| 6:01 am on Mar 7, 2004 (gmt 0)|
>We canít provide the same level of guarantees regarding inclusion
Why not, if its all based on the same content guidelines? IMO this is what many are stumbling over in their efforts to understand the equity between pfi and Yahoo's stated goal to find every page on the web.
| 6:18 am on Mar 7, 2004 (gmt 0)|
Lots of crybabying going on and Tim is going over the top to handhold.
Thanks Tim. It is rare to have a rep. get involved with the community. What you do with your company is your corporate business. You will do what you have to do to be competitive in the market. In reality the cryers will sign on or move on.
I look at it this way.
Search should be no more free than any other ad service or building rent for that matter. If my budget is $1,000 per month but I make $10,000 with a 32 percent profit margin I made money. X s that by three sites and I do pretty well.
Whoever said this should be free?
| 6:26 am on Mar 7, 2004 (gmt 0)|
>Whoever said this should be free?
Brin and Page.
| 7:16 am on Mar 7, 2004 (gmt 0)|
I agree with everyone here thatís been saying we should suspend judgment on the new Yahoo programs until they've had a chance to prove themselves.
However, from a strictly PR standpoint I have to say that I think Yahoo has blown it and has probably lost any chance they had of competing with Google for the high ground in the new search engine wars. Tim, I think you guys should have waited until you had a few months of Google-competitive results under your belt before rolling something like SiteMatch out. As it stands now Yahoo has given many in the webmaster community the impression that they're just out to make a quick buck, possible at the expense of the integrity of their index. You could have the greatest, most Google-kicking results in the world next week, but everyone will still be looking for those few listings that seem out of place, wondering if they're seeing covert capitalism at work.
| 7:32 am on Mar 7, 2004 (gmt 0)|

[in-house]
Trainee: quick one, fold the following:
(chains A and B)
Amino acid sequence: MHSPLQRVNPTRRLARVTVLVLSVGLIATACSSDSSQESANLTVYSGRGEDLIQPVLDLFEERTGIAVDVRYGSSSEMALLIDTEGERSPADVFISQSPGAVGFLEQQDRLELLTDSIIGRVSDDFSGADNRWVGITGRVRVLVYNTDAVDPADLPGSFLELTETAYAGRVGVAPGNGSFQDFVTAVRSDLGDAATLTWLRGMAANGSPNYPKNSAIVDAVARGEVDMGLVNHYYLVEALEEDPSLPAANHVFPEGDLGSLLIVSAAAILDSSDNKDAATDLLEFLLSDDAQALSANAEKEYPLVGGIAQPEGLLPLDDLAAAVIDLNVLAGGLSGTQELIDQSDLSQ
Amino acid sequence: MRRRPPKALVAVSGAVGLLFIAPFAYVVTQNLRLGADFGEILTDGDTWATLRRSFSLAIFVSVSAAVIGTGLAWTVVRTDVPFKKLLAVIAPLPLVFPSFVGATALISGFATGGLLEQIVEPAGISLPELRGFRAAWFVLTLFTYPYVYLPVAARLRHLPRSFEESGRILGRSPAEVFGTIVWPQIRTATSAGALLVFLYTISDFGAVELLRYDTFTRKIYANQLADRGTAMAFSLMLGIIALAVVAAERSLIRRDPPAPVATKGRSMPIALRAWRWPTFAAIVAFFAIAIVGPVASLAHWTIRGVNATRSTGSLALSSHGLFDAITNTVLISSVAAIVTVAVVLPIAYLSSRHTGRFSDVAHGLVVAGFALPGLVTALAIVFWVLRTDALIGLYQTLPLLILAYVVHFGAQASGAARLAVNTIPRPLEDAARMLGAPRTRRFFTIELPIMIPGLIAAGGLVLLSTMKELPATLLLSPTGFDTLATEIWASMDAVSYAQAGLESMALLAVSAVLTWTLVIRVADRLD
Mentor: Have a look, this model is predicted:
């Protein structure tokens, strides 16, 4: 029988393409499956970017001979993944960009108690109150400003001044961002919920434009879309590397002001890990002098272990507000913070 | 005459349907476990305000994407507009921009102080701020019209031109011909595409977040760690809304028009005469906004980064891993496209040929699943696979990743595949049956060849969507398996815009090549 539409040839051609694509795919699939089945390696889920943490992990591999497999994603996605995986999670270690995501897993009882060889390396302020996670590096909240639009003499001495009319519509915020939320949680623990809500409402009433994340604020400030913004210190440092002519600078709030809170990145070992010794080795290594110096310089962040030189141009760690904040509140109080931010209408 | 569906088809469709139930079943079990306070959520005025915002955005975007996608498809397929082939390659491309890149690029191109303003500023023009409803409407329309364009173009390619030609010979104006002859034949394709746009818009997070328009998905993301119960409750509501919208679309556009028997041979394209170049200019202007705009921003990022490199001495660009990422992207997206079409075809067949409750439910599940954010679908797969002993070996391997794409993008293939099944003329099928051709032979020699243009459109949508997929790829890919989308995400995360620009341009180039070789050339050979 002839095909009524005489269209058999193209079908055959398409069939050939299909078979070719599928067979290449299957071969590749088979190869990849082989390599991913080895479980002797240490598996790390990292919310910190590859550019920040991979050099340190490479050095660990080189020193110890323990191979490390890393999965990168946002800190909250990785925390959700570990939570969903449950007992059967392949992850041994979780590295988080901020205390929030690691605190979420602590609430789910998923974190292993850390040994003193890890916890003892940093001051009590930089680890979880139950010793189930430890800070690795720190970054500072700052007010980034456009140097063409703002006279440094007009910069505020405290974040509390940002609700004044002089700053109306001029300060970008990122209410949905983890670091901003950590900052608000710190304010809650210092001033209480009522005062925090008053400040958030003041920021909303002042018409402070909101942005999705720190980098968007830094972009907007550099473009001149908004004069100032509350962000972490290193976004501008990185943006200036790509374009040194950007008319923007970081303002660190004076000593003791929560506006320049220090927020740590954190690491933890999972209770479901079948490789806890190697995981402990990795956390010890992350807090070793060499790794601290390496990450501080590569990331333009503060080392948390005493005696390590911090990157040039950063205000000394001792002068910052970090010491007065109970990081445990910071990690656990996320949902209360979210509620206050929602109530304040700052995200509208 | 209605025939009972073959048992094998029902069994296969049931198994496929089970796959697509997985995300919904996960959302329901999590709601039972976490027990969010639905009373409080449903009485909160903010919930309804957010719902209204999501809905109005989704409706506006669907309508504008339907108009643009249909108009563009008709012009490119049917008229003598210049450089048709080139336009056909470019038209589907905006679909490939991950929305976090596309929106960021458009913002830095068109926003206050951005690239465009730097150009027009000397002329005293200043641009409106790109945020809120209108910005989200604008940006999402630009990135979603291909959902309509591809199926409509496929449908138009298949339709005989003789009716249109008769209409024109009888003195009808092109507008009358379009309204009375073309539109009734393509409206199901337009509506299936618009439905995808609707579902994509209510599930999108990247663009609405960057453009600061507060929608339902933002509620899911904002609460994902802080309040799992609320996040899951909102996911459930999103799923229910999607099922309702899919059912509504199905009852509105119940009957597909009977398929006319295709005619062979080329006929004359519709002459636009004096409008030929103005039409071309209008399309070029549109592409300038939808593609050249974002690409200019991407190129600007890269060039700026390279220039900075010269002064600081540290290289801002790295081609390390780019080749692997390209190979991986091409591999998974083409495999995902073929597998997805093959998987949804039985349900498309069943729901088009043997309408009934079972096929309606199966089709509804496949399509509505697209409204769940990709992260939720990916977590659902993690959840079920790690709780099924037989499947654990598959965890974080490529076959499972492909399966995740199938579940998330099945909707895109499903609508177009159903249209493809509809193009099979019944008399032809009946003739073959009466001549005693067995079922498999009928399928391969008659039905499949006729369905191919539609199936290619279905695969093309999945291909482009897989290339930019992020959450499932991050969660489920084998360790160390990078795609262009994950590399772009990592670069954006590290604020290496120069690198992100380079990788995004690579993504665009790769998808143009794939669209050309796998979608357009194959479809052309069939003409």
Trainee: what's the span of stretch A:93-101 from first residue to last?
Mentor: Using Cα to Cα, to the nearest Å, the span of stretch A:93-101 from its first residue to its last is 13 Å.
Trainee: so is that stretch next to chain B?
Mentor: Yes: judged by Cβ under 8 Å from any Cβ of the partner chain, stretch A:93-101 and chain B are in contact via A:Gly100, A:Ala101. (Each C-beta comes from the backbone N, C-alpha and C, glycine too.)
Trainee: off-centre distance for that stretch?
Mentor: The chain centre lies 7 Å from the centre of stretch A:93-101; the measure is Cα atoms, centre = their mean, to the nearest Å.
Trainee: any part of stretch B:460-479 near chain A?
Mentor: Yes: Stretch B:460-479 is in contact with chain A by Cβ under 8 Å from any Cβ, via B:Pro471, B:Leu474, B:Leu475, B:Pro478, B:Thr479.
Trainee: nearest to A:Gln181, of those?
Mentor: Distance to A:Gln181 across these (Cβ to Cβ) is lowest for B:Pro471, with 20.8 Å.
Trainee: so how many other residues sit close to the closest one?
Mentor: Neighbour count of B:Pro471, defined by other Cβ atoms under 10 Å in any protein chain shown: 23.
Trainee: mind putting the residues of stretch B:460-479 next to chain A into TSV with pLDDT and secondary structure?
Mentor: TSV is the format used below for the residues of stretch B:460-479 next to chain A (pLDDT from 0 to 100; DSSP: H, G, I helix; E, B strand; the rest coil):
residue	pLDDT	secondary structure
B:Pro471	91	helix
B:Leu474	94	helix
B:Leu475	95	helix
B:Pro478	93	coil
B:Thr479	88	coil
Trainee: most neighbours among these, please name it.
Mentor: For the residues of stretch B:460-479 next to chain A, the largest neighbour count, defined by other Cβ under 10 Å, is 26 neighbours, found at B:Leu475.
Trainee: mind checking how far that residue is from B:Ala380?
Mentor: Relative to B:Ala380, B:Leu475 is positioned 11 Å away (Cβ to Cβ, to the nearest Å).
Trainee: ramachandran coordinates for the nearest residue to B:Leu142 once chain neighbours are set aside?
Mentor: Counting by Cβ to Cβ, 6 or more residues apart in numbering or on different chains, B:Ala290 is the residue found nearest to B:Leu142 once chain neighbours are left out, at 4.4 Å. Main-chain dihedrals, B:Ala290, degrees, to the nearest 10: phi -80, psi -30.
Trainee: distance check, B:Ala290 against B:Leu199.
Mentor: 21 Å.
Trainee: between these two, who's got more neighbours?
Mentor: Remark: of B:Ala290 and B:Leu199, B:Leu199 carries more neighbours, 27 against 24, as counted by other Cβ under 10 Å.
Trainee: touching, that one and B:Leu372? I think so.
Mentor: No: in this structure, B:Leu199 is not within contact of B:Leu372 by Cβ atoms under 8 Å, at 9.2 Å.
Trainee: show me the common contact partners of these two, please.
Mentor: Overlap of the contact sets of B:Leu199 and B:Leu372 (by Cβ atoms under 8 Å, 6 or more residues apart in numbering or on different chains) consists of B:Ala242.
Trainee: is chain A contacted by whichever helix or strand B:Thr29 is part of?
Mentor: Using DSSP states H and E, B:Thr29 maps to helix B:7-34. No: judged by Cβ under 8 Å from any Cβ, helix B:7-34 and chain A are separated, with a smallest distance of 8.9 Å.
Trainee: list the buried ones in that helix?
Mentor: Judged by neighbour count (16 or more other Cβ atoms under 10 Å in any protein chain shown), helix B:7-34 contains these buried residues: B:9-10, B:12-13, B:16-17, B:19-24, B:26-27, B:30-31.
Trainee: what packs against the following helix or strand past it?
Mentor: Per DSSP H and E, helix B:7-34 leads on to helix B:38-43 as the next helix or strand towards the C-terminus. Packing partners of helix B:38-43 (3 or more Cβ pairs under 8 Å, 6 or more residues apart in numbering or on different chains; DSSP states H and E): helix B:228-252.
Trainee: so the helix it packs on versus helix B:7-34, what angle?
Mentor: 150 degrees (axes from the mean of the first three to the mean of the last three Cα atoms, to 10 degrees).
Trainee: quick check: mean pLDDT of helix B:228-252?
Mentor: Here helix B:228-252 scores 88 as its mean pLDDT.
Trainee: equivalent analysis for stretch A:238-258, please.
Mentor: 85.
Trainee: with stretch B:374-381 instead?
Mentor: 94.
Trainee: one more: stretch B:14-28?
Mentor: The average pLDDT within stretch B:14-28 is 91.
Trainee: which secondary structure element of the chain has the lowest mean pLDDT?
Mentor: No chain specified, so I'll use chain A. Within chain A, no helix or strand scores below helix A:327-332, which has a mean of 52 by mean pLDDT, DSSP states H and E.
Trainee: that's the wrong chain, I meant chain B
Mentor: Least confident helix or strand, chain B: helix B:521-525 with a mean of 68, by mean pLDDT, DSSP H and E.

One of the key reasons for the Yahoo PFI/PPC (Looksmart model) is allegedly to give a formalised relationship between corporate clients and Yahoo!. Customer service.
Yahoo's failure to either contact or explain this new Yahoo! program to its existing FAST/INKTOMI customers - before its public announcement - or since - underlines Yahoo's commitment to customer service.....
And the Positiontech reporting system was offline for 3 days at the beginning of March - and now the new system seems to have no summary history available, and NO click through data on several hundred URLS.....
| 8:33 am on Mar 7, 2004 (gmt 0)|
lol, i just realized what's been happening in this thread is that everybody's been shouting their own opinion and nobody else has heard, it's like a shootout of everybody's frustrations. No constructive discussion, yes including my earlier post ;)
| 8:48 am on Mar 7, 2004 (gmt 0)|
haha, as I see it, it's been a collage of drama queens' rants and beyond.
my God, I see the hate mail coming already.
| 9:54 am on Mar 7, 2004 (gmt 0)|
I hope that you (and Yahoo) are listening to what is being said here. Really we are giving excellent free advise for Yahoo. This forum is possibly the cheapest way to get a market survey from the top people in the know on search engines. I feel that most of us would agree that there should be a balance between paid and natural listings. When done properly (as in Google pre-Florida) there can be a huge profit. Google recently made a wrong choice to try to increase its revenue by sacreficing the natural serps, this is Yahoo golden opportunity to really take charge. So far I believe Yahoo has done so, with its more relevent serps. However, this "new" idea of paid inclusion is a step back for Yahoo. It will become a rally call for Google supporters and will hurt Yahoo. I would strongly recommend that Yahoo drop this inclusion idea because it just doesn't make sense. Instead Yahoo should concentrate on building it index and defeating Google by being larger, faster, and more relevent. Relevency was what brought Google to its heights, users want relevency and localty on the web can be won. Yahoo has the opportunity to take this cornerstone from Google. Carpe Diem Yahoo!